Gourmet Buzz: Balthazar

Gourmet Buzz: Balthazar

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How many times have you walked into a canteen in Paris and wished you hadn’t? No welcome/you get the social Siberia table near the cold bay windows/no menu/no apéritif? Not chez Balthazar; the warmth of Alexander’s greeting could melt the vodka on ice. And he knows his vodkas, this boy: “My grandparents were Polish.”

Together with chef Fabrice Cornée, a caviar tasting is guaranteed to make you love Mondays. Appropriate wines and spirits by the glass, or from the fine and reasonable wine list (Chateau Maderot 1998 Graves 29€).

Dishes include Cassoulet d’oeufs brouillés au Caviar de France (15€) with a flute of champagne Deutz Brut Classic (10€). Follow with Balthazar’s signature Tartare de Boeuf de Salers au Caviar (15€), and a glass of biere blonde 1664 de Kronenbourg; or, with a partisan grin, Alexander pours a generous glass of pure grain vodka, Wyborova (7€). Ever tasted risotto au Caviar (18€)? Made with the finest Italian rice, this is one mama would love. Wash it down with a nice cup of tea! Lightly smoked from Maison Kousmischoff (3€). “We’ve created Monday nights to be an exciting inventive adventure, devised unique combinations to complement the caviar, with its’ subtle nutty flavour, which comes fresh from the Aquitaine,” explains Alexander.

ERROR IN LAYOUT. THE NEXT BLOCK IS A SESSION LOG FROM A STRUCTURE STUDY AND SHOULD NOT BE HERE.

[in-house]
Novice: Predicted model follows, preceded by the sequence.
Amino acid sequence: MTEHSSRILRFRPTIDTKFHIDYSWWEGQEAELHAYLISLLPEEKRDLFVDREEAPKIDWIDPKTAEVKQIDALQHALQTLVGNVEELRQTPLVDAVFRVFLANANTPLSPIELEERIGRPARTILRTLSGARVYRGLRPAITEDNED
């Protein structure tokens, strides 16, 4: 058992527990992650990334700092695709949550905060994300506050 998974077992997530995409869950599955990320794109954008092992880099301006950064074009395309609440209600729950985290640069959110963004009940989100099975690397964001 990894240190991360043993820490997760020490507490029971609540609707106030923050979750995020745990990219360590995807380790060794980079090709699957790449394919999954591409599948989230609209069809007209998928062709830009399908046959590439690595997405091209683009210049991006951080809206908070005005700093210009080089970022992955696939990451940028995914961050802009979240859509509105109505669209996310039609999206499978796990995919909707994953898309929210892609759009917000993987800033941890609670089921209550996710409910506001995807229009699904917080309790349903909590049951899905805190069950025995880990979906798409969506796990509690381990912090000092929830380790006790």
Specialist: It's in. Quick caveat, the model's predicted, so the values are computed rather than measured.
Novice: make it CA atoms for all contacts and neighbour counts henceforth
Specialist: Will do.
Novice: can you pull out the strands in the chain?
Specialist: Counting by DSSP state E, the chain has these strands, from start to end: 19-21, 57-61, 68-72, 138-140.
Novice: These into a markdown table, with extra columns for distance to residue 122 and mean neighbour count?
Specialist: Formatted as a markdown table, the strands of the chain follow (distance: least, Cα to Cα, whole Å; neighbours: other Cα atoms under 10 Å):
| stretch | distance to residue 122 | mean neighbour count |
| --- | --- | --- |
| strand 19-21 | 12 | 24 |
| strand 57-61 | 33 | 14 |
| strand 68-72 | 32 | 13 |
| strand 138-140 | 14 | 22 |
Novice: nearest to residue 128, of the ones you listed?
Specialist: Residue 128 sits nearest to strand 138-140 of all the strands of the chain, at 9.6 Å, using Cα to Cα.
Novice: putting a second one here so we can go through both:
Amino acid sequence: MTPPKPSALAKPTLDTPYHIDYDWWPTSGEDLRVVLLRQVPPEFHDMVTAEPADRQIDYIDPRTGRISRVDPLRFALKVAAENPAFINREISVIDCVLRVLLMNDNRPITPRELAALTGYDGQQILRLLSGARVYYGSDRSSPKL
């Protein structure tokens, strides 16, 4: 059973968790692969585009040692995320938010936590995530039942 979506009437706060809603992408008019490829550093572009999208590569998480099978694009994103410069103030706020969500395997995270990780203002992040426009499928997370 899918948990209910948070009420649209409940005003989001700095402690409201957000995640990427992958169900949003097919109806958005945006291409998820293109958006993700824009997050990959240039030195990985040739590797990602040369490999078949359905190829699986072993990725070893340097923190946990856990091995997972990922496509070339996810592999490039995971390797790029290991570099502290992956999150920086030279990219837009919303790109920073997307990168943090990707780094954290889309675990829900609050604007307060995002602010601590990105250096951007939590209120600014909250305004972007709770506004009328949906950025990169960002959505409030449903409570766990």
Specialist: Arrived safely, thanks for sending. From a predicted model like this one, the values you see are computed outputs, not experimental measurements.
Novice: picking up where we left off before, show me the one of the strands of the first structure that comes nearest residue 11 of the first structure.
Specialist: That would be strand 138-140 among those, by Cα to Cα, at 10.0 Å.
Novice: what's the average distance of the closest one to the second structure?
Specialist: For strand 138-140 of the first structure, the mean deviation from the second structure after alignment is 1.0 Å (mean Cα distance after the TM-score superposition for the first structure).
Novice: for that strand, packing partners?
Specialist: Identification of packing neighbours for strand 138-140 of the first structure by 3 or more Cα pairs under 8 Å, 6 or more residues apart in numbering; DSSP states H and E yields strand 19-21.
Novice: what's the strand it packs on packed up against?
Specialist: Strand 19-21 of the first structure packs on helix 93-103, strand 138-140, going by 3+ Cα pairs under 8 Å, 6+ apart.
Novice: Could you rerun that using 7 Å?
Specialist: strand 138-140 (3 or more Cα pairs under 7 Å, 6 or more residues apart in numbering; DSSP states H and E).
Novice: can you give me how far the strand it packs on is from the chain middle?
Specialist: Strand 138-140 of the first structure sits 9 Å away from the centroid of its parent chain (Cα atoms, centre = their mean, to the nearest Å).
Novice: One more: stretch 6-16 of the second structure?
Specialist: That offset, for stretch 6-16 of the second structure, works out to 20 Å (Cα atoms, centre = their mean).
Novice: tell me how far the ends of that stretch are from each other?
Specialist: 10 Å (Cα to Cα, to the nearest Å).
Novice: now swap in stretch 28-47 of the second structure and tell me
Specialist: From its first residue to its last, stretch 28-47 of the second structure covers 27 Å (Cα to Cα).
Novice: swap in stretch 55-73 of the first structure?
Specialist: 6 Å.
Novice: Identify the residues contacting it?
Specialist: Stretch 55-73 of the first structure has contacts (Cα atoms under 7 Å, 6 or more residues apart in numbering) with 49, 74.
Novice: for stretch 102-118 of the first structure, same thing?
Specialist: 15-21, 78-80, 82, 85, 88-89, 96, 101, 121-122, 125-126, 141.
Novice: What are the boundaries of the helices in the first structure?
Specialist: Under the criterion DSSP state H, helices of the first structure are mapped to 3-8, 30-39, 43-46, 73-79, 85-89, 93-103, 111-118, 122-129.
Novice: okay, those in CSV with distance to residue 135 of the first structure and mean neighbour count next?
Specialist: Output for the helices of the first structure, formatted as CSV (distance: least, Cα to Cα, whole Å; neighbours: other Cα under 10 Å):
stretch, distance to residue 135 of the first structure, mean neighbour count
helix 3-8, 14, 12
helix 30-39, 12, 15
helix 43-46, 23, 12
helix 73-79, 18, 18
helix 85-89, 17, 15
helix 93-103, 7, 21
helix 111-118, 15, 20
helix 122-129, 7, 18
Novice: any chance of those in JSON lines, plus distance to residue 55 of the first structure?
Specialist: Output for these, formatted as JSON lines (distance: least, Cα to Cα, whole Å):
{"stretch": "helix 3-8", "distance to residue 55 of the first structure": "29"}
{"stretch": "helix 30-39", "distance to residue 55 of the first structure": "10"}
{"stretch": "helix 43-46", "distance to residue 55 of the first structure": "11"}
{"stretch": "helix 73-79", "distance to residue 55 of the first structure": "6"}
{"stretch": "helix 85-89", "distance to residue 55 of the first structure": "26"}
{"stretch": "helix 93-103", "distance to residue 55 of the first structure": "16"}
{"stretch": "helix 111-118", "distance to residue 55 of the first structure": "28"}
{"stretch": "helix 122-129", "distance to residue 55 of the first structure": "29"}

So what’s the rub on French caviar? As you know, in all regions of the world where sturgeon are fished, the wild populations are menaced by greedy over-fishing, pollution and the deterioration of their habitat. Caviar has been produced in Aquitaine since the 1920’s, from wild sturgeon caught by fishermen in the Gironde Estuary, near Bordeaux. Now, down on the Bordeaux fermes d’elevage, they cultivate the Acipenser baeri sturgeon, originally hailing from Siberia. It’s all very civilised: the sturgeon’s cycles are controlled with no danger to the species, and without further danger to the wild populations.

Alexander’s Monday nights are certainly an excellent introduction to “caviar that comes from the virgin sturgeon, virgin sturgeon needs no urgin’, that’s why caviar is my dish.”

What can I eat chez Balthazar for the rest of the week? No problem. Lovely menus lunch and dinner 7/7, say, carpaccio d’Artichauts au pistou de Roquette et Coriandre fraiche (9€). Fresh fish includes Brochette de Gambas au citron vert, noodles sautées a la sauce soja (24€). Cheese, desserts, cigars, seasonal ice creams from Bertillon and to finish, a nice espresso and a granité de pommes vertes au Calvados Groult. And that’s not all: Sunday is brunch-day (28€) with a kid’s menu (15€). Book early, it’s buzzing.

73 avenue Niel, 17th (Metro Pereire)
T: 01 44 40 28 15

And also at:

101 rue Lauriston, 16th (Metro: Trocadero)
T: 01 47 27 72 21

Kusmi-The, Kousmichoff
75 avenue Niel, 17th (Metro: Pereire)
T: 01 42 27 91 46

“Let’s stay home tonight, Brad,” now that I have Frederick e. Grasser-Hermé’s just-published Super Cocotte: 119 recipes for the Cocotte-Minute a toute vapeur. Pzzzzzzzz…. (Editions Hachette Pratique 23€)